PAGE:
Call for Papers: Diplomacy and Images in Science
(Sponsored by the DHST Commission on Science, Technology and Diplomacy)
Symposium proposal in preparation for the ESHS 2020 bi-annual meeting in Bologna (https://sites.google.com/view/eshsbologna2020/home)
Deadline extended to 10 December 2019.
In recent years there has been a significant move towards a better understanding of the visual aspects of public diplomacy in an effort to demonstrate that international negotiations are more than just a “logo-centric practice”(Constantinou, 2018). Given the growing emphasis on the interaction between science, technology and international affairs, there is scope for extending this inquiry on “visual diplomacy” to scientific images and/or images of scientists and diplomats. The critical relevance of scientific images in diplomatic practice has been recently captured by US President Trump’s controversial statements, supported by a crudely assembled weather map, that Alabama lay in the path of Hurricane Dorian, a faux-pax that echoed around the globe. This is just one example of how visualized scientific data can convey messages and meanings in international affairs, especially in connection with global challenges such as climate change (Wormbs, 2013).
This symposium aims to deepen our understanding of how scientific images and images of scientists, diplomats, and scientific practices shape diplomatic activities in public diplomacy domains and bilateral/multilateral negotiations. In particular, we invite potential contributors to consider images of science meetings with a diplomacy angle; on big science/technology artefacts shaping diplomatic relations (e.g. CERN particle collider; Channel Tunnel), scientific images playing a substantive role in international diplomacy (e.g. climatology, forensic seismology); satirical cartoons/comics referring to international events with a science/technology element. We would like such an exploration to encompass different historical periods in the modern and contemporary eras, looking for instance at the role of cartographic images and botanic illustration in the shaping of colonial and imperial diplomatic practices. The symposium will be divided into sessions covering specific topics with papers of ca. 25 minutes. We ask presenters to start with one image or set of images that will represent the focus of the talk.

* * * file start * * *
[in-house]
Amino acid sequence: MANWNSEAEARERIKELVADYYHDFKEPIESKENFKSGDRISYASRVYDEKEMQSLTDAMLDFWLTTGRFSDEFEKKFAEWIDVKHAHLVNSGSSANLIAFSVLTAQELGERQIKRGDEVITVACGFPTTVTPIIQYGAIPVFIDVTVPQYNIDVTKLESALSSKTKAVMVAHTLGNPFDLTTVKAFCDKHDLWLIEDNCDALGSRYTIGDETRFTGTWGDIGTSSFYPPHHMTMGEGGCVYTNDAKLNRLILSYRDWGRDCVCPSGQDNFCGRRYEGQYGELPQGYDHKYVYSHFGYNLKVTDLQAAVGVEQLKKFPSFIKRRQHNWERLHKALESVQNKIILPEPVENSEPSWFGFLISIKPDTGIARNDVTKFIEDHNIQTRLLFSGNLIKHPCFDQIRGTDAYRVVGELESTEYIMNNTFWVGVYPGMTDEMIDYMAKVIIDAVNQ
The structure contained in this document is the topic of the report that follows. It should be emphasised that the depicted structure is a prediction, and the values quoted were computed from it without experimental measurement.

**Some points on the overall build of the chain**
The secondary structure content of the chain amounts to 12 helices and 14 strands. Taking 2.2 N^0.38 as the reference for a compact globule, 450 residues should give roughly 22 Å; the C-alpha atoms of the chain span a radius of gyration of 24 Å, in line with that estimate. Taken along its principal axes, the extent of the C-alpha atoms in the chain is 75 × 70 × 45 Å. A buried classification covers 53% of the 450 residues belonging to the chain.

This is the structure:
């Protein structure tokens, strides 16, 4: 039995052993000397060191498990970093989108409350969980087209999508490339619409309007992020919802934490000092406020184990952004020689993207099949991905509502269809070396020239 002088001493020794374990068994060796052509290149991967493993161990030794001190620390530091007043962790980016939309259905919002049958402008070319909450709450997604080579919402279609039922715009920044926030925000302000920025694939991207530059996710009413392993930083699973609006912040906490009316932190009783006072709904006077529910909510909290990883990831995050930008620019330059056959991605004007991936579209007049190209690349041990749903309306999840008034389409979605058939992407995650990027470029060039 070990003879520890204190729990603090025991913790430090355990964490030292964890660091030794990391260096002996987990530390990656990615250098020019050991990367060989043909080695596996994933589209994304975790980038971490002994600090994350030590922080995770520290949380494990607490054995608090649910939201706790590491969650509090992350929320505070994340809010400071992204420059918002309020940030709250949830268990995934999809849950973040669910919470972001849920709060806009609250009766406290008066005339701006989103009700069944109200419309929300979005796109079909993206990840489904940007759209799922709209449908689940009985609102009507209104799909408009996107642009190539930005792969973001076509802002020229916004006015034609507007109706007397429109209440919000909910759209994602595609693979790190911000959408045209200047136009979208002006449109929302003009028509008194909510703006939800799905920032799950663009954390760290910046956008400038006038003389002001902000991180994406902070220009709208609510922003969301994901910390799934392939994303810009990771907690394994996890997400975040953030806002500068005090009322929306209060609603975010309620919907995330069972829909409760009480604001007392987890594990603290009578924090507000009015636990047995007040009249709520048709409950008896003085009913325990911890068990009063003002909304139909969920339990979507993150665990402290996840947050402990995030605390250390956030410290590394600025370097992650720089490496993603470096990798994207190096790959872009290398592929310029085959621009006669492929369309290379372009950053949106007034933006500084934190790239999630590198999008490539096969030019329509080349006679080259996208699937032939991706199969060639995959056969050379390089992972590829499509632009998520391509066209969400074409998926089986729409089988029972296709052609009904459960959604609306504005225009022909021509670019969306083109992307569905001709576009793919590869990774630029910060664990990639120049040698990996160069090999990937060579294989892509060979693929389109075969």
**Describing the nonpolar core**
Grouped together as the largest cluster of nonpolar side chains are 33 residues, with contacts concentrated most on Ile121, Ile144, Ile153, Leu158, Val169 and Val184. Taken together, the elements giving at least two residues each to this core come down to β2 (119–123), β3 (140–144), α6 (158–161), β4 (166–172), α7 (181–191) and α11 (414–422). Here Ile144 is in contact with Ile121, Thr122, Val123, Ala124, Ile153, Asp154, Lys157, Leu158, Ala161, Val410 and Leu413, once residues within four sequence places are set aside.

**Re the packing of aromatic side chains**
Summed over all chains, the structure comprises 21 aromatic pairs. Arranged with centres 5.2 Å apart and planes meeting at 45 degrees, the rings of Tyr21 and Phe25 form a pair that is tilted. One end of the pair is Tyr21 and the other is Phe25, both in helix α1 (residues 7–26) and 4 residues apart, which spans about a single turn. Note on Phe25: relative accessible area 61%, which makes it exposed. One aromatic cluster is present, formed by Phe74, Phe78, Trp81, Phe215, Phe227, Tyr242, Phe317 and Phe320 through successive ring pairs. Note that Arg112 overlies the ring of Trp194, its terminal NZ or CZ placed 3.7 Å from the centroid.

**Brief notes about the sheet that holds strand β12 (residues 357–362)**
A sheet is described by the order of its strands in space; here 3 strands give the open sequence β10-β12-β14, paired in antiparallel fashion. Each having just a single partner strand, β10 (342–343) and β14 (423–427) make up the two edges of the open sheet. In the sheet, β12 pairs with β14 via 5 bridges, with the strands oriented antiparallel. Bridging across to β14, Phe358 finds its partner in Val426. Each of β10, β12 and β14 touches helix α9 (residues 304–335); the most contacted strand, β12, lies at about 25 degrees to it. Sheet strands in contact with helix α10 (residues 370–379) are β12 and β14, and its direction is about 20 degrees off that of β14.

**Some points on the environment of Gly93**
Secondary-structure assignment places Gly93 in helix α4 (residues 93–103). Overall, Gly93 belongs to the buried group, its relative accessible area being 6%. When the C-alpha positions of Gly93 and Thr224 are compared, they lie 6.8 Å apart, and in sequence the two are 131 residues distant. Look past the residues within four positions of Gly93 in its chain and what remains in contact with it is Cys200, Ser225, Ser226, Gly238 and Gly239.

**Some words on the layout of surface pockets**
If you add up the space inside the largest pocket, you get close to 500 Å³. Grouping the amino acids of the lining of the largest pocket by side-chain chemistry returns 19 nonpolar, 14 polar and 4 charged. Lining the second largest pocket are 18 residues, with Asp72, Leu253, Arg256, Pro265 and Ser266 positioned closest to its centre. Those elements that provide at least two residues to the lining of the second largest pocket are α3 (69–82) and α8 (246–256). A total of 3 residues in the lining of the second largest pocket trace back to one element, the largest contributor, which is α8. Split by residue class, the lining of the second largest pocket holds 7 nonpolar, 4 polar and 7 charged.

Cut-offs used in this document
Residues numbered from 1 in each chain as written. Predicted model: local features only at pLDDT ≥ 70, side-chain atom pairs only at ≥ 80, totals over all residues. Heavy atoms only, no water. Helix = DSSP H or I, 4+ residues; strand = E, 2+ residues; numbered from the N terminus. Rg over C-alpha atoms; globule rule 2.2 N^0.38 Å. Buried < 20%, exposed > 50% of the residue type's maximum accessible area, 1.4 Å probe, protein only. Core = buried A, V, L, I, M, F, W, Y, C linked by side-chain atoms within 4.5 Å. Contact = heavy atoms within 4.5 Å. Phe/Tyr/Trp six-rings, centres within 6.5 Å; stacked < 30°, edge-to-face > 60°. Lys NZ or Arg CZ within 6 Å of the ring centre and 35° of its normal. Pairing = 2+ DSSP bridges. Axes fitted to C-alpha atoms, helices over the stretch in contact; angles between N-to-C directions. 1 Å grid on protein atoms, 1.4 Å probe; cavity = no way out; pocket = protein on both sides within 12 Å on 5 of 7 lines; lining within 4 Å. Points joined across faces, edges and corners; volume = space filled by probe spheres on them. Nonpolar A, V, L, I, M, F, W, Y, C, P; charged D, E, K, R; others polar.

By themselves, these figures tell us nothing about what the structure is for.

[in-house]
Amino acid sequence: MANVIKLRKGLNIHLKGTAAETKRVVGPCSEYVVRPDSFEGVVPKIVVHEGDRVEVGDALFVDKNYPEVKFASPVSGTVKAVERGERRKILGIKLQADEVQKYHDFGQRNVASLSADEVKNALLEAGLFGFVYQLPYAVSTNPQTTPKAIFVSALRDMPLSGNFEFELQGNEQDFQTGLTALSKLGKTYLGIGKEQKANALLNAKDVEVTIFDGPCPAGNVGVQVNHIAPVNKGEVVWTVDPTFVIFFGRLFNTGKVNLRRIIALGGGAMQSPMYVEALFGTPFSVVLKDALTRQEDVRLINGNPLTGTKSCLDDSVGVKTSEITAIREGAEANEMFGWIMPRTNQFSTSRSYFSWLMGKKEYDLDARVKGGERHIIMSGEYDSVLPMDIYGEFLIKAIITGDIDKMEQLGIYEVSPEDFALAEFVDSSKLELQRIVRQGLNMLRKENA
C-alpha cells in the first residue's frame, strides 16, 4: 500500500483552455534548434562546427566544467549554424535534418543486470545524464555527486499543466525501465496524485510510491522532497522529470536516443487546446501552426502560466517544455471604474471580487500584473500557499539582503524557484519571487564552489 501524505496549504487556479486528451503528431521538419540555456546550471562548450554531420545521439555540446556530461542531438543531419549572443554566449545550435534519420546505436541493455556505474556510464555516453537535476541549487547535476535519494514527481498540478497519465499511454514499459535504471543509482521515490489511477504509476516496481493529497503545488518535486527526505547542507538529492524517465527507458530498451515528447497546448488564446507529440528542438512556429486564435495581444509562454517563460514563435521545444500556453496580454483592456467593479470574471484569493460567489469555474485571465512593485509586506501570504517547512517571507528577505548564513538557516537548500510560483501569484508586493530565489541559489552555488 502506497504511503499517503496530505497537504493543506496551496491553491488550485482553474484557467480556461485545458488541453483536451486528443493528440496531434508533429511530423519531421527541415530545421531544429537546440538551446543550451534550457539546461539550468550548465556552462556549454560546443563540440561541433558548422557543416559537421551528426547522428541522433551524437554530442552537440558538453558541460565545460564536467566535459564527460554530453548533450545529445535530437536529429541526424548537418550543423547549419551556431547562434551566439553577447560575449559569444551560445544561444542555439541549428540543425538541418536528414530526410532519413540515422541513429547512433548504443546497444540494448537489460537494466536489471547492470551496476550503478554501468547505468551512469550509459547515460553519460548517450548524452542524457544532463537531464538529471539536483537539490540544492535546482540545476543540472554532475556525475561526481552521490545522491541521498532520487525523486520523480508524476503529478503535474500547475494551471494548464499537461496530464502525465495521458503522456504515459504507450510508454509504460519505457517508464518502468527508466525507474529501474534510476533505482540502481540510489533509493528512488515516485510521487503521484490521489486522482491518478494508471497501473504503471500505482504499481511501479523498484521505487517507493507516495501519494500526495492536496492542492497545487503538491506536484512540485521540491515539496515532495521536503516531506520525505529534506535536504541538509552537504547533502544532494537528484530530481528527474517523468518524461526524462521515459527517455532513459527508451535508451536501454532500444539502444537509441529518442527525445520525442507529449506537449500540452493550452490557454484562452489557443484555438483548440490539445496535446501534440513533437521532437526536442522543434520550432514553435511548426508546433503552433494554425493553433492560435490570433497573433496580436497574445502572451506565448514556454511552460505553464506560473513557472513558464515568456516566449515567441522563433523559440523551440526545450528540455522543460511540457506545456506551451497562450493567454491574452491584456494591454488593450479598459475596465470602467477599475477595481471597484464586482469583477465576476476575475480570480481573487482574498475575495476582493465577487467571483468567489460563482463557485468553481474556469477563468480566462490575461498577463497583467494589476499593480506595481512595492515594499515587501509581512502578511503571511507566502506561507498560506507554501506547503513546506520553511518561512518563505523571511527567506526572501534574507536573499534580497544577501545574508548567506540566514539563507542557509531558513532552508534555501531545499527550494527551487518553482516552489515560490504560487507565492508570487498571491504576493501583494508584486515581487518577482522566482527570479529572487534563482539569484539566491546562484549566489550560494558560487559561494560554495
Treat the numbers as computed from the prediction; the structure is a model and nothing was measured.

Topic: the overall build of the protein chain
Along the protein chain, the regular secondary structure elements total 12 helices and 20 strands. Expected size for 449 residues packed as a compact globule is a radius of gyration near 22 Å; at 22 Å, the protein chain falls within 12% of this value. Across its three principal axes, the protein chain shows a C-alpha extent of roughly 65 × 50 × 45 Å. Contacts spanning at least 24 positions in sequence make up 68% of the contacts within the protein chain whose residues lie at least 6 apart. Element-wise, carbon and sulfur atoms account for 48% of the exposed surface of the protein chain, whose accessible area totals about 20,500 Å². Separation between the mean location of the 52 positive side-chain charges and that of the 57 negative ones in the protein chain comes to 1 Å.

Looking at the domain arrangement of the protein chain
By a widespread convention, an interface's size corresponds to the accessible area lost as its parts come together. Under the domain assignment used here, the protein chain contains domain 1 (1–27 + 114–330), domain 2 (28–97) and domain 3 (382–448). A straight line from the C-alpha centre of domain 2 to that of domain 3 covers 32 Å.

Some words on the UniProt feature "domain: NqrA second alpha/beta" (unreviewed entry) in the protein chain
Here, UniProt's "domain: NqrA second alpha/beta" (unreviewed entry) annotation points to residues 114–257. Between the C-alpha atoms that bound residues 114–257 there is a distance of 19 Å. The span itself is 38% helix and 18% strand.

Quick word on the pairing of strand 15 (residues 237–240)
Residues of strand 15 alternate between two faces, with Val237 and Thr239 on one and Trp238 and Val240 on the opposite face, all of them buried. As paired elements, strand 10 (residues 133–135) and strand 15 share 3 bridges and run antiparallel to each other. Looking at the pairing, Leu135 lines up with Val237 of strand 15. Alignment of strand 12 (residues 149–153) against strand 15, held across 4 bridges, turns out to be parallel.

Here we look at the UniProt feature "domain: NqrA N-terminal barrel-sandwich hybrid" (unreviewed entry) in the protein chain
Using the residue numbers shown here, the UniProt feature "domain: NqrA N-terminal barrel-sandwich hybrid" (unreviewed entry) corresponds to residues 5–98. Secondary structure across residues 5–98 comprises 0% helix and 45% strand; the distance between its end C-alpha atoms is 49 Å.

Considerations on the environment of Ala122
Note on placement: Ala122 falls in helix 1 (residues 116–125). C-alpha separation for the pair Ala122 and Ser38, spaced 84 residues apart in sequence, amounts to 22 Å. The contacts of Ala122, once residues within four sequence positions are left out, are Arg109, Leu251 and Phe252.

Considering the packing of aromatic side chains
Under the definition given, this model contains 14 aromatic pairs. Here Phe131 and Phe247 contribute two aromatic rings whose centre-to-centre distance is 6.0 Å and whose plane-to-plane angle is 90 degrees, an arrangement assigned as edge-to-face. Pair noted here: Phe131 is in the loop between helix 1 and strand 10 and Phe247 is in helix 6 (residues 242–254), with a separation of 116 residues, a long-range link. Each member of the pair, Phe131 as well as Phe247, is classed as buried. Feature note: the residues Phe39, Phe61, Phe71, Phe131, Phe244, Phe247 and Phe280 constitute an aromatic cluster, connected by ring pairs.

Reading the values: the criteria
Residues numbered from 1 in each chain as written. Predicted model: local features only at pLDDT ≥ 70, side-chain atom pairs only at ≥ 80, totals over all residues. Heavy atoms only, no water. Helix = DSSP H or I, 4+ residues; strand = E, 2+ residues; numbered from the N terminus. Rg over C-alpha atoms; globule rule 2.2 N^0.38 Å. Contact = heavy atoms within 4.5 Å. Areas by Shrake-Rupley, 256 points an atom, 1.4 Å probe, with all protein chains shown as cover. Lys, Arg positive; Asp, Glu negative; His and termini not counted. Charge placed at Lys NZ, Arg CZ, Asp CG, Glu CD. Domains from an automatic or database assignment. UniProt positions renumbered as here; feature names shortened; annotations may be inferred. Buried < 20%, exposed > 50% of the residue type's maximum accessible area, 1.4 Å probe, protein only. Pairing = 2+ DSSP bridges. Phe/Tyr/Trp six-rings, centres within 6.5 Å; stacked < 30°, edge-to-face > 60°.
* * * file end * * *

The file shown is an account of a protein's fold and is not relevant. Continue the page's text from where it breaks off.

Costas M. Constantinou, “Visual Diplomacy: Reflections on Diplomatic Spectacle and Cinematic Thinking,” The Hague Journal of Diplomacy 13/4 (2018): 388-409
Nina Wormbs, “Eyes on the Ice: Satellite Remote Sensing and the Narratives of Visualized Data,” in M. Christiansen, A. E. Nilsson, and N. Wormbs, eds., Media and the Politics of Arctic Climate Change: When the Ice Breaks, New York: Palgrave, 2013.